According to Michael Schnieders, PG, PH-GW, there are several categories of wells are susceptible to flooding or contamination issues, as follows:
- Old wells built in areas that are now floodplain territories
- Wells with incomplete casing above the high-water level
- Wells without proper capping or sealing, or older ones with extremely thin and ineffective grout
- Wells built in areas that don’t have a stable ground structure, with evidence of erosion or land sliding
- Wells that are simply unlucky.
Any well that has been flooded should be carefully tested and evaluated, in order to assess the quality of its water.
How can I protect my well and avoid health issues due to contaminated drinking water?
Most floods bring bacterial contamination of drinking water. By making sure that you repair the wellhead and you perform adequate disinfection, you eliminate the risk of drinking unsafe water. In case of rising water levels, you may have to elevate your well or even to relocate it. Here are a few steps the NGWA recommends before and after flooding to keep you on the safe side:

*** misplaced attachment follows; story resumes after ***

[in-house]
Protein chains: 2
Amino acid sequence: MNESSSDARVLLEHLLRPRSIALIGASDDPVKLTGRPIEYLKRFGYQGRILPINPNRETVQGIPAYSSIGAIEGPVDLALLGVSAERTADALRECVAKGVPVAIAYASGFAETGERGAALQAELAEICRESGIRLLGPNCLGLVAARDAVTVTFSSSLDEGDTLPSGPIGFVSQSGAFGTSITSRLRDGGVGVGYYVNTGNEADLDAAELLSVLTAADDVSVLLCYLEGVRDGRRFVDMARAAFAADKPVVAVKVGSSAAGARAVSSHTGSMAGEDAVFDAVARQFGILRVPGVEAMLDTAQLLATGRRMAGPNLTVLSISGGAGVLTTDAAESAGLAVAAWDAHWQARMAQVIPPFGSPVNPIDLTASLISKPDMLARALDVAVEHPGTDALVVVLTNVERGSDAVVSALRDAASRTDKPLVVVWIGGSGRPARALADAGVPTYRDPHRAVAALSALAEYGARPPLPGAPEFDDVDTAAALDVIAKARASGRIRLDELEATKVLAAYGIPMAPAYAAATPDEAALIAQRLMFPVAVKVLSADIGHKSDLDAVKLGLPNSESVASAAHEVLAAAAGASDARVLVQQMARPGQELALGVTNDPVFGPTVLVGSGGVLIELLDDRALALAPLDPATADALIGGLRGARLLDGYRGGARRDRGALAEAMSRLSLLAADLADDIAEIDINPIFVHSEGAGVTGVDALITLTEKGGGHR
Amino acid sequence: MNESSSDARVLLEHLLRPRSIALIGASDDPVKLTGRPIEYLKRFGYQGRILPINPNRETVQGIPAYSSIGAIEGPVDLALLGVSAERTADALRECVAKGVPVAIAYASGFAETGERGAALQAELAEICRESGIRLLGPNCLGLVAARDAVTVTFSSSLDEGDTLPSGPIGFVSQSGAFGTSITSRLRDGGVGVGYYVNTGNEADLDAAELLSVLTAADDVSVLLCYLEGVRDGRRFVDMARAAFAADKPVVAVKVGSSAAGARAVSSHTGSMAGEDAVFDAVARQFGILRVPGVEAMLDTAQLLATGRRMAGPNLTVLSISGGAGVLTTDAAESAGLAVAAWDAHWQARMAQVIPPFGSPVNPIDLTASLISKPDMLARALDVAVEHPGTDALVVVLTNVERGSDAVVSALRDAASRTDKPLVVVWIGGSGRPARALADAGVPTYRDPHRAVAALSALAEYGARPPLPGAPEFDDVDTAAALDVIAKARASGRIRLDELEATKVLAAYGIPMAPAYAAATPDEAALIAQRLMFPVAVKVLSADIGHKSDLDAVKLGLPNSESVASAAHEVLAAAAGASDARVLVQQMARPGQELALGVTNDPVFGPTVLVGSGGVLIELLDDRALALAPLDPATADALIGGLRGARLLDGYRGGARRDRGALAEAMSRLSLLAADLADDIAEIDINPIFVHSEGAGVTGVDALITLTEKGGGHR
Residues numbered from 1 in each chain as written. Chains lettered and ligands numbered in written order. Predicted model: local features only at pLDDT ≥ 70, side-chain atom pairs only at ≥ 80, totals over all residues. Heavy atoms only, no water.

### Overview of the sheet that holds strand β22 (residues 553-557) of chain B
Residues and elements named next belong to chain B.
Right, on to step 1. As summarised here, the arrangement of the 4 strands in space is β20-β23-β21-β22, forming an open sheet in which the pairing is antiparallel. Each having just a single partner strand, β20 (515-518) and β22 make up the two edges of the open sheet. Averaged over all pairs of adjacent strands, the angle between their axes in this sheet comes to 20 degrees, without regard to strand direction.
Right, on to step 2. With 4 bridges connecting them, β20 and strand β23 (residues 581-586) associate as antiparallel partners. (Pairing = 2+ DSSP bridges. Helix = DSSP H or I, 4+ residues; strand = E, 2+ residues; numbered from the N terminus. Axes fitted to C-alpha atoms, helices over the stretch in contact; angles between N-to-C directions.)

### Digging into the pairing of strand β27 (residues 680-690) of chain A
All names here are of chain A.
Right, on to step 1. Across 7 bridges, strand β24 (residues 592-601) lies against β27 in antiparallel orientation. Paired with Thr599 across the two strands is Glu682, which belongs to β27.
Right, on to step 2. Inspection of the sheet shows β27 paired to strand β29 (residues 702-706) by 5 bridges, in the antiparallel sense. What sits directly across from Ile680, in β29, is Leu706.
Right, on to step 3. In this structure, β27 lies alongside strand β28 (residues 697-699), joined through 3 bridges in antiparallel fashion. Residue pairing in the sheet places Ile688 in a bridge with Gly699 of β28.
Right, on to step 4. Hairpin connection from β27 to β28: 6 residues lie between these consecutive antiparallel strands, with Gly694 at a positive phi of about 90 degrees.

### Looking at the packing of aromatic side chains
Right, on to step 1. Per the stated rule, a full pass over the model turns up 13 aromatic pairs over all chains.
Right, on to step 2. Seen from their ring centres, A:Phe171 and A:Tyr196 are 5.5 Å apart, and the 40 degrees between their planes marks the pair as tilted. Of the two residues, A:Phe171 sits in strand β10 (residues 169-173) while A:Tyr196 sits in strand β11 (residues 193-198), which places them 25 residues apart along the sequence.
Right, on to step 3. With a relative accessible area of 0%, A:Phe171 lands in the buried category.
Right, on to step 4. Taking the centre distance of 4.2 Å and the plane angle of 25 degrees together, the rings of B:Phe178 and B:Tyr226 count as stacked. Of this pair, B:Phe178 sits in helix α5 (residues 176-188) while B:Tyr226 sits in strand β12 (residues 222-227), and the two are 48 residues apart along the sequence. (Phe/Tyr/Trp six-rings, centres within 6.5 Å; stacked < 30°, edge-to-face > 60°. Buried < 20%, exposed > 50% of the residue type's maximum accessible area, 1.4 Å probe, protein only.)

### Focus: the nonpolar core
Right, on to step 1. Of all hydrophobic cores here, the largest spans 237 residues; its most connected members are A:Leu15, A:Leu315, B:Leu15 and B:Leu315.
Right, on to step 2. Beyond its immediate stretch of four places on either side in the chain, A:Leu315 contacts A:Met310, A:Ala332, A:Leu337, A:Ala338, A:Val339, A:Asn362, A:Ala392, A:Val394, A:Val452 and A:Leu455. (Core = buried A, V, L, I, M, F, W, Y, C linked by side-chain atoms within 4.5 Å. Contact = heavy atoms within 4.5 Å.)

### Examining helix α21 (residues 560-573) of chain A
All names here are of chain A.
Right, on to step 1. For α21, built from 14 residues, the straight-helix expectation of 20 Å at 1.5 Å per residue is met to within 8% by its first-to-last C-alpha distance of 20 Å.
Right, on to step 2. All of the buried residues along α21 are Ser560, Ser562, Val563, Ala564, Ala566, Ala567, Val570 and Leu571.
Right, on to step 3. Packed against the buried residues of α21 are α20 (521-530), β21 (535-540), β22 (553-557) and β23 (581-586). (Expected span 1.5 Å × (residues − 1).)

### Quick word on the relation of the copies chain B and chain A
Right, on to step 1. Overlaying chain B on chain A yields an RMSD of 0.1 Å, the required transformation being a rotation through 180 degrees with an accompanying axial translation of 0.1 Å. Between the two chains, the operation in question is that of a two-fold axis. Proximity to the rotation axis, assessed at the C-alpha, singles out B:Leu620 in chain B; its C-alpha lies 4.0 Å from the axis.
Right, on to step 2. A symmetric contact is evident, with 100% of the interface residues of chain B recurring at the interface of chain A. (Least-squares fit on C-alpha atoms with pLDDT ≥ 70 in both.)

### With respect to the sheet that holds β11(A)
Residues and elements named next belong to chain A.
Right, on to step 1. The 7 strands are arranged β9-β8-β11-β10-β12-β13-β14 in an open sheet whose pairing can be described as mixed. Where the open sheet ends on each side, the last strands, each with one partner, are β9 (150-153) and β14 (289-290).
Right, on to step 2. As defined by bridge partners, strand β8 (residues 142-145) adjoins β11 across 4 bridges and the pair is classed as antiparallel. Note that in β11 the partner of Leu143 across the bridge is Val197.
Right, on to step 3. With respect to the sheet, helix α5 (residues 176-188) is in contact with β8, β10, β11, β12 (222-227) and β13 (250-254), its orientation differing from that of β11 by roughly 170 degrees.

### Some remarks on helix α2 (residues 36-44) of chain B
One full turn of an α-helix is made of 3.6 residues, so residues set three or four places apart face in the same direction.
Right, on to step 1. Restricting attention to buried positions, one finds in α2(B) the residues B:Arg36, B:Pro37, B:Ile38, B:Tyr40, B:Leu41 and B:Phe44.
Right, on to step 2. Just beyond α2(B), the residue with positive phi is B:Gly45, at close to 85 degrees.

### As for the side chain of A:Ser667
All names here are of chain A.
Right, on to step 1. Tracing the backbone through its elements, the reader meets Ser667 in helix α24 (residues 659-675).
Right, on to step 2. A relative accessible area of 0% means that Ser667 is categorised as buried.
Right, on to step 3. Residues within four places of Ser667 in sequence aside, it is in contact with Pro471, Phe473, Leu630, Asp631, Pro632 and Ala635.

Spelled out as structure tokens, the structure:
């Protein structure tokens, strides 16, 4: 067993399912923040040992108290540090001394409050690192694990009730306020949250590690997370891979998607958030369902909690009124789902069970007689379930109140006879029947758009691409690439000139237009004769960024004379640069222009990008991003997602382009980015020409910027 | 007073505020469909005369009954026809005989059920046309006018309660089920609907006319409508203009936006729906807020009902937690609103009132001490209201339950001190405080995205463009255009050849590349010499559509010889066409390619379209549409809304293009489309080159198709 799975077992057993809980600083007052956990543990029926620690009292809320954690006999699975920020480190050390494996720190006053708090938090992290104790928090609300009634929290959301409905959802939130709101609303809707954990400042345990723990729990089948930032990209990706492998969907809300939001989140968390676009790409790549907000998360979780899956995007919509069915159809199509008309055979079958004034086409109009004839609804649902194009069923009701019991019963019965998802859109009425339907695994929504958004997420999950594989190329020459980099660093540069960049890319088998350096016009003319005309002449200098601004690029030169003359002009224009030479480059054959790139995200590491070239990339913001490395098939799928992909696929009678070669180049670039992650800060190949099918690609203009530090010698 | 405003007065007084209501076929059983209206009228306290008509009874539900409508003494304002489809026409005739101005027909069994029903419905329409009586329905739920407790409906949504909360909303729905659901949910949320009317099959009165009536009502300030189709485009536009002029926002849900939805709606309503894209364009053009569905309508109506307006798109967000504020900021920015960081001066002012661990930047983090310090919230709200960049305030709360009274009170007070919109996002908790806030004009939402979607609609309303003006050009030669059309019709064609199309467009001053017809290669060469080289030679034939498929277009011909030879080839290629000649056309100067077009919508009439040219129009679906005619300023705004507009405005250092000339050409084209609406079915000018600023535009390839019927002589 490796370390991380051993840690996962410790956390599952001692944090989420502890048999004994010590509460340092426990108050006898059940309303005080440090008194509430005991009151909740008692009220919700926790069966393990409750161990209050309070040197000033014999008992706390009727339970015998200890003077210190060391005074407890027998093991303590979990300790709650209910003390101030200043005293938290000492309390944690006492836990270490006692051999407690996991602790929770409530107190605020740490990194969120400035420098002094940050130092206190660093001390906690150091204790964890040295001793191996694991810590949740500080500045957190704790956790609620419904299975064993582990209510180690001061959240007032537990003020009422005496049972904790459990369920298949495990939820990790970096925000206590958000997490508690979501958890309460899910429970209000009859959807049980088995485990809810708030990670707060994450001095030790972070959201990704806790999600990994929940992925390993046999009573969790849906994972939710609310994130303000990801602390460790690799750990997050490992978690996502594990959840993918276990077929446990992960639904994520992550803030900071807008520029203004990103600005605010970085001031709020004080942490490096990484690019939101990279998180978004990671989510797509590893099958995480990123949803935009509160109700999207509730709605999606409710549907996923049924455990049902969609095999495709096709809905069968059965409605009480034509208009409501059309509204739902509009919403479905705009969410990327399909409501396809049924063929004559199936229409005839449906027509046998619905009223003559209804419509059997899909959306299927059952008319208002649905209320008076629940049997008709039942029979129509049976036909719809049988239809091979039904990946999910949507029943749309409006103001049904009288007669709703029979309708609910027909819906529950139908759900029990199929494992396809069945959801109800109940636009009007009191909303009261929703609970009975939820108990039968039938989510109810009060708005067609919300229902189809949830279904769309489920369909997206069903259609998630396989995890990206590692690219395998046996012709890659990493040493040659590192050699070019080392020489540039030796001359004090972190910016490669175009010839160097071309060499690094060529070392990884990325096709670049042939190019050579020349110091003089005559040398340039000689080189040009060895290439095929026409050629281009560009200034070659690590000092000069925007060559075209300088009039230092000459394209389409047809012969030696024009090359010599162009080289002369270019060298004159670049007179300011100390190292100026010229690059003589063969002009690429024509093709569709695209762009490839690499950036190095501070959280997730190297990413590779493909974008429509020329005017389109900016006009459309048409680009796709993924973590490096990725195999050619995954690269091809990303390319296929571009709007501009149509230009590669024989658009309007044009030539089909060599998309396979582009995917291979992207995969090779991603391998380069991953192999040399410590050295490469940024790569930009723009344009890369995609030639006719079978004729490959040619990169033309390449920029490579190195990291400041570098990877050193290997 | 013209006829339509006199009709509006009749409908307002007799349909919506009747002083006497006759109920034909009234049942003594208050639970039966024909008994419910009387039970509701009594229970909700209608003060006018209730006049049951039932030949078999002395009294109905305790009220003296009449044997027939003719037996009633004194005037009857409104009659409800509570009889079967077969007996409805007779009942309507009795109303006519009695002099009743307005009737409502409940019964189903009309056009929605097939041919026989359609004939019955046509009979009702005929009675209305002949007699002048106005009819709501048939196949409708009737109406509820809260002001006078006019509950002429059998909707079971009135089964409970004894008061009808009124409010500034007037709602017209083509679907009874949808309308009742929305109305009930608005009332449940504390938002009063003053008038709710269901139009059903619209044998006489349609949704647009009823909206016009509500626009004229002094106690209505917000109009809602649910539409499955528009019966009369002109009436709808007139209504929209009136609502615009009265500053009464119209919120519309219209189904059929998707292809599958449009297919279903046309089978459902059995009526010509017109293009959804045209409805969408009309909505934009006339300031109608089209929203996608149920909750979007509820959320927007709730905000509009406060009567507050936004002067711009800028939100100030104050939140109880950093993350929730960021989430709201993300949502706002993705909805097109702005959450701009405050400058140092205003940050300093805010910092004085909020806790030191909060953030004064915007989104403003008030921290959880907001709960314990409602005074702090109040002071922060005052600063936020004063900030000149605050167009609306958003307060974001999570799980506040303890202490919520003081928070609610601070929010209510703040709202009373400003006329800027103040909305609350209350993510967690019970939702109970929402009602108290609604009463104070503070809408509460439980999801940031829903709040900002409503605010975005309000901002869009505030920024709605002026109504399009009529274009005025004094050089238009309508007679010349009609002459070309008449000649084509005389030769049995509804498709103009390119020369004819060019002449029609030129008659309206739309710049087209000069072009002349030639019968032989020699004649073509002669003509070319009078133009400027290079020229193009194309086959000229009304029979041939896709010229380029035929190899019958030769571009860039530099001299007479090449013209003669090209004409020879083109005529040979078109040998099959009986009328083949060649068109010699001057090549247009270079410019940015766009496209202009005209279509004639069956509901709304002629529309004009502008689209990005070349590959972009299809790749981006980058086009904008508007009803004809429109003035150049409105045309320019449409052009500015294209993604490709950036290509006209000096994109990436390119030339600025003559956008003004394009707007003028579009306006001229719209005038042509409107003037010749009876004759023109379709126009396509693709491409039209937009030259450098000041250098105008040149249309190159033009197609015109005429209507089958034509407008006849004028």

- Don’t drink water from your well and don’t use it for washing; use bottled water until you get a chance to test your well water
- Don’t get close to the well pump in case you see it is flooded, as you may get electrocuted
- Hire a qualified water well contractor to do the following:
- Flush and disinfect your well
- Perform maintenance tasks whenever needed
also, check with your local authorities about any guides regarding specific contamination risks you should know about in case of area flooding or other environment conditions and threats.